Software Engineers Handbook/Language Dictionary/Oz

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Oz[edit | edit source]

<Describe the language, include a brief history if possible.>

Type[edit | edit source]

Multiparadigm; execution is sequential but programming styles could almost hide the sequentiality. Logical or dataflow variables are provided as well as shared mutable multi-assignment variables; however, the syntax for use of those variables differs so as to call attention to which the programmer is using.

Execution Entry Point[edit | edit source]

<Describe how/where the program is started i.e. C++ main()>

General Syntax[edit | edit source]

<Try to give a high level description of the contents of a typical line of code. An assignment example may be appropriate such as

a = b;

>

Comments[edit | edit source]

<Describe and show the syntax for comments such as

// this is an inline comment.  Everything after the // is a comment.

Block comments are specified by a starting /* and ending */ They can span multiple lines.

/*
 * this is a block comment 
 */

>

Variable Declarations[edit | edit source]

<Describe if variable declarations are necessary, and give examples of the different types, such as

declare i as an integer

int i;

two ways to declare i as an integer and give it an initial value of 0

int i = 0;
int i(0);

>

Method Declaration/Implementation[edit | edit source]

<Describe how methods/functions/procedures are declared and implemented.>

Scope[edit | edit source]

<Describe how scope is defined.> There is lexical scoping?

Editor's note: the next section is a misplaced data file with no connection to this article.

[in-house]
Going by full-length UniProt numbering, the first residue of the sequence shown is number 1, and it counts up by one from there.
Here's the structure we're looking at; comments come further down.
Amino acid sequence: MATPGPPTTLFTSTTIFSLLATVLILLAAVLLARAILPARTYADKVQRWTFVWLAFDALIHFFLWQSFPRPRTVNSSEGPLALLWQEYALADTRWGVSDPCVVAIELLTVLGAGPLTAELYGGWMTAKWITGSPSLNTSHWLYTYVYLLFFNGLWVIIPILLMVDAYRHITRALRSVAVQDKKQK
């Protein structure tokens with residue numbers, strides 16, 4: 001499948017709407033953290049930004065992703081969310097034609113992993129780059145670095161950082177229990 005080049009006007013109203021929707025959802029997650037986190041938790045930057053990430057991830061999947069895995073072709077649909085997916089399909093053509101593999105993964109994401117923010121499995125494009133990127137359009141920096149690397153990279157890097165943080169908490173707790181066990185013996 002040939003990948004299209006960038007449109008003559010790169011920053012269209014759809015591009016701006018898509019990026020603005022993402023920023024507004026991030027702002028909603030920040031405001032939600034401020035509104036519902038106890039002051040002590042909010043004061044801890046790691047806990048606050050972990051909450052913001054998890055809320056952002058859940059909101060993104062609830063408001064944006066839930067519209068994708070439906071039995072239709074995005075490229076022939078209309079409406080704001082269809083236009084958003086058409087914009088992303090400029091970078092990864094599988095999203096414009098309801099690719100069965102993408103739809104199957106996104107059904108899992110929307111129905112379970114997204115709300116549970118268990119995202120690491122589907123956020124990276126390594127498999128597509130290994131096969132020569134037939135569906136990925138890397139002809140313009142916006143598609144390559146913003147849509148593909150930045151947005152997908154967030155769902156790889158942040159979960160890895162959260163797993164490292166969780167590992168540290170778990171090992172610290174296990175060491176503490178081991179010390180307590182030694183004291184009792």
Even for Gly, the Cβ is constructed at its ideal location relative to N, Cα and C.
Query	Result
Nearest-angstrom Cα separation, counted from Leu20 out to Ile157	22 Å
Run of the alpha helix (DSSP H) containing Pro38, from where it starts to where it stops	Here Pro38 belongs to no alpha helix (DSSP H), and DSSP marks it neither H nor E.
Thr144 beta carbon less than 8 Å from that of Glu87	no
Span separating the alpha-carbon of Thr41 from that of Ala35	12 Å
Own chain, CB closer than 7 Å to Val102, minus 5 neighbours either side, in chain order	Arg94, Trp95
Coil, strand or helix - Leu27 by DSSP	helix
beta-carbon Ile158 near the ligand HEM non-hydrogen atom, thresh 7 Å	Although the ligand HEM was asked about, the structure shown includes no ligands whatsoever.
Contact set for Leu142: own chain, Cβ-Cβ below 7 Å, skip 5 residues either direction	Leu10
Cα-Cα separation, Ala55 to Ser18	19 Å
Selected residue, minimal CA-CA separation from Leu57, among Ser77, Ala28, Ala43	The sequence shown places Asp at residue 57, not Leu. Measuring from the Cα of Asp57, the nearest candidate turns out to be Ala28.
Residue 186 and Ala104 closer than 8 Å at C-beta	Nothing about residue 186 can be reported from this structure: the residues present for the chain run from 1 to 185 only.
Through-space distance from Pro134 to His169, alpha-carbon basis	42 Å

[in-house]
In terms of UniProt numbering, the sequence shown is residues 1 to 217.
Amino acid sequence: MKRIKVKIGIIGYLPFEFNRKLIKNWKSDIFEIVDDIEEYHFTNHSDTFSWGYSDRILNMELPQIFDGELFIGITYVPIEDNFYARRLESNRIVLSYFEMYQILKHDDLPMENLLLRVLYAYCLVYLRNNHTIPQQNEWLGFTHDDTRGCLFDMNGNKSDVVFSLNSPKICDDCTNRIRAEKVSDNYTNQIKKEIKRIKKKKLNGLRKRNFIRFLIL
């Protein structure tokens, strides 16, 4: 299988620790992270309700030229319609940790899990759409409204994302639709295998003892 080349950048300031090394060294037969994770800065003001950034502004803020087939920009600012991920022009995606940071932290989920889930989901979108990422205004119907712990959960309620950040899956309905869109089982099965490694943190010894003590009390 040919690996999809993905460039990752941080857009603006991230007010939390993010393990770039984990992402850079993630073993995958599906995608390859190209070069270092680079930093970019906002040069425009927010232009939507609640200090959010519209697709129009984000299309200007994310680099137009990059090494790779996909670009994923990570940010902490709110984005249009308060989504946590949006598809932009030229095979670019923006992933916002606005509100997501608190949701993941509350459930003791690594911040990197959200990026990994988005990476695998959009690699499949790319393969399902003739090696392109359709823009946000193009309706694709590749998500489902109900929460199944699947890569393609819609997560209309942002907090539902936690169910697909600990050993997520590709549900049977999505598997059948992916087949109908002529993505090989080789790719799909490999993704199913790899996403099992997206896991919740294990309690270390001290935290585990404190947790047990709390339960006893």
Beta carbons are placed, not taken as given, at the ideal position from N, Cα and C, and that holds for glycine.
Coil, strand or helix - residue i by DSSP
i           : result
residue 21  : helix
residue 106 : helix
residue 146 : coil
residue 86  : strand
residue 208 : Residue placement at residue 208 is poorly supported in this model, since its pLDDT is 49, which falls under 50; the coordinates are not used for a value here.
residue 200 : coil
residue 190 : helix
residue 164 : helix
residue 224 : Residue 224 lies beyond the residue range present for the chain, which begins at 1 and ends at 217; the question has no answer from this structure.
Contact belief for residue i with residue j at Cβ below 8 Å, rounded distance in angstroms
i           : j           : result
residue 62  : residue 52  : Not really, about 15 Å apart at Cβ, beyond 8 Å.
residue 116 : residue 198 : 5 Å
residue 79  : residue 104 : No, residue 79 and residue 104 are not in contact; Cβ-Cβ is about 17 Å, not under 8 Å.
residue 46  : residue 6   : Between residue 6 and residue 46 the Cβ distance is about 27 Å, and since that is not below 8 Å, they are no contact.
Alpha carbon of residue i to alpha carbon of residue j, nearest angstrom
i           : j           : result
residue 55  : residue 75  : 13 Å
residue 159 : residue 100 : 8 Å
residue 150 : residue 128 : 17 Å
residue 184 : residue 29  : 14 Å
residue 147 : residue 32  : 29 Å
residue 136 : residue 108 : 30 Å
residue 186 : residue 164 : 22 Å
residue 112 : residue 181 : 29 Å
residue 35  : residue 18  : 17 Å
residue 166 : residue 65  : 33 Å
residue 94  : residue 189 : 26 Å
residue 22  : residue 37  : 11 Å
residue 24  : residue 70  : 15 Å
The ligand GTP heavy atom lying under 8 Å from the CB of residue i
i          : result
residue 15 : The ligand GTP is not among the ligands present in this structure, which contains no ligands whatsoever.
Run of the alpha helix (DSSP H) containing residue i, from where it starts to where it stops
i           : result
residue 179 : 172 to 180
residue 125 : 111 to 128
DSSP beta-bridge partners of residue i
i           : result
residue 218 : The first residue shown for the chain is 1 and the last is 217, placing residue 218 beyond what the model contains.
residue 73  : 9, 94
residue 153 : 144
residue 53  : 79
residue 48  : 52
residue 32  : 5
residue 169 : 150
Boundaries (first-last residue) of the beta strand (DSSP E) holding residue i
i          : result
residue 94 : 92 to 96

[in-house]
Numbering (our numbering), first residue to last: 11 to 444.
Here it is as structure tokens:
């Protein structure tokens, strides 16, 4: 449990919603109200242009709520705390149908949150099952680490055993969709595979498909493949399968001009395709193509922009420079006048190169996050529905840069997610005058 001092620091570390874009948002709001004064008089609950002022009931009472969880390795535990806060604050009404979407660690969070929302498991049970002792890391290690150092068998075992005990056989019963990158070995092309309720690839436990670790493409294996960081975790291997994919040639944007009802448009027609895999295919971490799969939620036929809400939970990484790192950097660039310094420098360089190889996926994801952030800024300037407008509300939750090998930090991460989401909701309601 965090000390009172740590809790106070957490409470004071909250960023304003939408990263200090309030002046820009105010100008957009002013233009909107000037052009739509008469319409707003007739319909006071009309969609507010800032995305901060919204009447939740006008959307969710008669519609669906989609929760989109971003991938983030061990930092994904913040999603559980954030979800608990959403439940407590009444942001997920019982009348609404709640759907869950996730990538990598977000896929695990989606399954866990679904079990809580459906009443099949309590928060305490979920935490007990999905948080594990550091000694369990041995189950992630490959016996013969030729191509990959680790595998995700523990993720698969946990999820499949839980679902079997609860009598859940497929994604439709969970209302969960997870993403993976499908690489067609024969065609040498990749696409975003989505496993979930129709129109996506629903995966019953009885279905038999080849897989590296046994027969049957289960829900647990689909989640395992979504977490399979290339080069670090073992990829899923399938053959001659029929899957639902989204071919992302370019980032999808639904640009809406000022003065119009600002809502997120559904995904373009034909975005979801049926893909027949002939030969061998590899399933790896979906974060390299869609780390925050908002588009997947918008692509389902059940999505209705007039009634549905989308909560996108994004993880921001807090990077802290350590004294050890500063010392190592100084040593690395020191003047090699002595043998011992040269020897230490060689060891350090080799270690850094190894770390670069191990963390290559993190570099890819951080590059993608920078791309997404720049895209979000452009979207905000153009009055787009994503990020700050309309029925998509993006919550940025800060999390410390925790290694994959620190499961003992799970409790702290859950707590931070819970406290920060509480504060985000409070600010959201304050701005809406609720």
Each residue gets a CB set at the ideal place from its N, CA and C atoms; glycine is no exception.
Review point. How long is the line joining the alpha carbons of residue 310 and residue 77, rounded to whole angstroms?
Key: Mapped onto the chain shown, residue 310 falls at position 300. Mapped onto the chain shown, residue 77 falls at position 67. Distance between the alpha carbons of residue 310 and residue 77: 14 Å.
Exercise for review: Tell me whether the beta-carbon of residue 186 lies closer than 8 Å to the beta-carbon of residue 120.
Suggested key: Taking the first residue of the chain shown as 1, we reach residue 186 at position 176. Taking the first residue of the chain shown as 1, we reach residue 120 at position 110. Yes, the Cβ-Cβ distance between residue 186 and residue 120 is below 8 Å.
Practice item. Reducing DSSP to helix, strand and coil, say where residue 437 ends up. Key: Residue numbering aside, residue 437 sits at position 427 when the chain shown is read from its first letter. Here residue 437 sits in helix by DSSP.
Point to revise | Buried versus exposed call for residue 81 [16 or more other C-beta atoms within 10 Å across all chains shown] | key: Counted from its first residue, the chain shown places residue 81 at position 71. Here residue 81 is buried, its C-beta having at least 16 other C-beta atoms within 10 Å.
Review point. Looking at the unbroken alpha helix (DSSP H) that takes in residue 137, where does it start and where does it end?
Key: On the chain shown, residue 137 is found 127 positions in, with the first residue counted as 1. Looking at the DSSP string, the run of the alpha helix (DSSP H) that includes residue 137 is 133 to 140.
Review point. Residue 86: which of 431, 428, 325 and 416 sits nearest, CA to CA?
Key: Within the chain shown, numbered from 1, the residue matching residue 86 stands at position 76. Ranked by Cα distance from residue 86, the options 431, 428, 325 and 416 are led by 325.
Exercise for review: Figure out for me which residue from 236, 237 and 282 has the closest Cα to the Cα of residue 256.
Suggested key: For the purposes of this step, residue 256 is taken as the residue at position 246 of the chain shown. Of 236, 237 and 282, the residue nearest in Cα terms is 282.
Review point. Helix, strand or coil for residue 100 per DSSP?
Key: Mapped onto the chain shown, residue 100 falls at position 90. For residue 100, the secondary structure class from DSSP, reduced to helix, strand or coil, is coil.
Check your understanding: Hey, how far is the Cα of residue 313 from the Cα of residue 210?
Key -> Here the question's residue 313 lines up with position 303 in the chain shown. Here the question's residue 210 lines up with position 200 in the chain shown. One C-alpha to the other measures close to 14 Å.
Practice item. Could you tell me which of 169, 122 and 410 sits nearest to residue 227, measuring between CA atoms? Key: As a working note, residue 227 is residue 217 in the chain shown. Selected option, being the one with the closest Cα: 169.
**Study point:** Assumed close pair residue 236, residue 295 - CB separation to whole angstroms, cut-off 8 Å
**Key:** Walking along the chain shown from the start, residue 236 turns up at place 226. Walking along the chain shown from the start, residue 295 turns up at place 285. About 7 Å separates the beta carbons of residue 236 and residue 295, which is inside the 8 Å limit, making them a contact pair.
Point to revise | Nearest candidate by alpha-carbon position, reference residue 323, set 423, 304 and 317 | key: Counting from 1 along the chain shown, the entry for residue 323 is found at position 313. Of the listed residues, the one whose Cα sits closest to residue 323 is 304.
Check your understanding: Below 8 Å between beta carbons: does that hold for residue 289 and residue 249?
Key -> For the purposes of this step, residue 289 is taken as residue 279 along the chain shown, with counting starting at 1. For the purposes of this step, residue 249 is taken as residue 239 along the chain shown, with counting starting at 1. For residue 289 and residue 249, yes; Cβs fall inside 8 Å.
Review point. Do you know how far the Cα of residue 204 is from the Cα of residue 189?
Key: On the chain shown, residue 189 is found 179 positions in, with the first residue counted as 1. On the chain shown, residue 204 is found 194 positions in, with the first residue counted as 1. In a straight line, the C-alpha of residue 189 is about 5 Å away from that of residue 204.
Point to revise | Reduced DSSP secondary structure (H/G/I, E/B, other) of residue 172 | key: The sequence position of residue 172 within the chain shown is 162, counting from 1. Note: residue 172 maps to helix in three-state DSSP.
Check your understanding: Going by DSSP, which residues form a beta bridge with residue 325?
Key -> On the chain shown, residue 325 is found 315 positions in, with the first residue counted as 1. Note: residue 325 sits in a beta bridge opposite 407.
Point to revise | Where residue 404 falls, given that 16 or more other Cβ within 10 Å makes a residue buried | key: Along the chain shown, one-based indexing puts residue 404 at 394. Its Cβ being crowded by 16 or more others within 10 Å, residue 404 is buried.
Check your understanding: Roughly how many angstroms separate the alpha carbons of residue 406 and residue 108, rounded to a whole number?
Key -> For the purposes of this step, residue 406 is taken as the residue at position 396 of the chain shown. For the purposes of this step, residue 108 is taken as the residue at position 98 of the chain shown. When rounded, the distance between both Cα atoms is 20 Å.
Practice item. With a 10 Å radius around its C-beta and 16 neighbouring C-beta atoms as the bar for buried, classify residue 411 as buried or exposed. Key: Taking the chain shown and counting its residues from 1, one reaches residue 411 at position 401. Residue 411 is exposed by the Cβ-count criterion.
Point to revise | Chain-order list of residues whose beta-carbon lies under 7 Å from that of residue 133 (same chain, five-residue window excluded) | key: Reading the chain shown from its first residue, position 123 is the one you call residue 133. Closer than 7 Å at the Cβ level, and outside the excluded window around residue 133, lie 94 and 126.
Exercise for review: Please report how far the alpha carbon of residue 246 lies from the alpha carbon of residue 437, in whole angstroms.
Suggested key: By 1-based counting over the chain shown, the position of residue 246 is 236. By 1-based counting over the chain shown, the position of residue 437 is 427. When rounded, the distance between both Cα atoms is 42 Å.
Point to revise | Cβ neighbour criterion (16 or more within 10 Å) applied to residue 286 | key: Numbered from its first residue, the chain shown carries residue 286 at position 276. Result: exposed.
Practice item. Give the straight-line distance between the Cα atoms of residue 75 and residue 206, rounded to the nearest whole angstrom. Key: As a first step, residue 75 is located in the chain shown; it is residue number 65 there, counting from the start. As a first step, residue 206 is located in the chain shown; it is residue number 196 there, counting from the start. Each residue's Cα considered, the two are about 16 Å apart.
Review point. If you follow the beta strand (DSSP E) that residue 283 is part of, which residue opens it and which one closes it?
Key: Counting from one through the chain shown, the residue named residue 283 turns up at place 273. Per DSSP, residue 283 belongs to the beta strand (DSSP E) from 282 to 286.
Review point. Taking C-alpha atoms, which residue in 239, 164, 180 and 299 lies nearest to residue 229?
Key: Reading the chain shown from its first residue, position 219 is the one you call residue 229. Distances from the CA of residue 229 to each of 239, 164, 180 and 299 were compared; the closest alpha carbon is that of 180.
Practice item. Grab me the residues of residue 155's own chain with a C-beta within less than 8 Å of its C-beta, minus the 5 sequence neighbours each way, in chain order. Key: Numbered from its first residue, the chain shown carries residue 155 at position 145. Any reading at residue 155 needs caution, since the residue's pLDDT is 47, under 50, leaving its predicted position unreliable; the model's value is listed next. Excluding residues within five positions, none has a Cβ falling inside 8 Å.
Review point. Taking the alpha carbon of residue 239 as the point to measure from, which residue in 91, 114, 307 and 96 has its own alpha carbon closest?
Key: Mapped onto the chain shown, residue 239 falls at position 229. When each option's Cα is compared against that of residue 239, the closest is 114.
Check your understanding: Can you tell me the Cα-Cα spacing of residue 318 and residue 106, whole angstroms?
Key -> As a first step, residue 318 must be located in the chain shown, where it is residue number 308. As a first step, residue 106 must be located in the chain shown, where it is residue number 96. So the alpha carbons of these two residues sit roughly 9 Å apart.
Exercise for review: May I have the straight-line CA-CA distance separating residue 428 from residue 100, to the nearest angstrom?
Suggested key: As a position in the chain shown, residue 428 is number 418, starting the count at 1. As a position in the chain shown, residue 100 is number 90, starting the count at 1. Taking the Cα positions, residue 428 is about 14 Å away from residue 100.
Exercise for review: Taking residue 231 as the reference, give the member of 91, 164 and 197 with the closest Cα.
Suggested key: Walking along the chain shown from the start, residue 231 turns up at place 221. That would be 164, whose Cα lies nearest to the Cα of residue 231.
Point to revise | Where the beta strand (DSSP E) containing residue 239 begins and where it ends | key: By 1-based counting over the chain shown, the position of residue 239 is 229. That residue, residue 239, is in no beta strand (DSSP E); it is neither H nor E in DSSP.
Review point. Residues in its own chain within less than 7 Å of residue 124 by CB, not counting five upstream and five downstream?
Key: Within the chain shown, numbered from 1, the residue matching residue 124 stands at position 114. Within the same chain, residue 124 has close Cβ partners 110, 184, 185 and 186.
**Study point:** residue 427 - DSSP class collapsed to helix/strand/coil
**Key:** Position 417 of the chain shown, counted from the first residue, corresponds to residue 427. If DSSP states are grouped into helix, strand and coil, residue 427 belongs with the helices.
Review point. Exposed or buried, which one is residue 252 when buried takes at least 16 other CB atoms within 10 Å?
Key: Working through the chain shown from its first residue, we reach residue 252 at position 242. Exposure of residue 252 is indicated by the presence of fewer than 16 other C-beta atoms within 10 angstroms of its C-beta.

Conditional Statements[edit | edit source]

<Describe the conditional statements in text and present

code examples. 

(put a space in the front of the line to format as code)> "if" and "case" commands are primitively available. Case commands permit decomposition of structures by pattern matching.

Looping Statements[edit | edit source]

<Describe looping statements in English and present code examples.> Built in.

Output Statements[edit | edit source]

<Describe how to output Hello world! including the new-line with or without a carriage return.>

Containers[edit | edit source]

<List containers or references to lists of containers available natively for this language. List ways to incorporate containers if they are not native to the language.>

foo(bar=1, bletch=2)

constructs a transparent data structure. The parts in lowercase are literals.

Algorithms[edit | edit source]

<List algorithms or references to lists of algorithms available natively for this language. List ways to incorporate algorithms if they are not native to the language. Or, if not available, describe that.>

Garbage collection[edit | edit source]

<Describe whether the garbage collection is automatic or manual.> Is automatic.

Physical Structure[edit | edit source]

<Describe how the files, libararies, and parts are typically divided and arranged.> Is developed and executed in an IDE, Mozart. There are tools for modularization and source code management (?).

Tips[edit | edit source]

<Please include tips that make it easier to switch to this language from another language.>

Web References[edit | edit source]

<List additional references on the web. Please include for what level reader the references are appropriate. (beginner/intermediate/advanced)>

Books and Articles[edit | edit source]

<List additional books and articles that may be helpful. Please include for what level reader the references are appropriate. (beginner/intermediate/advanced)> Van Roy and Haridi: Concepts, Techniques and Models of Computer Programming ("CTM").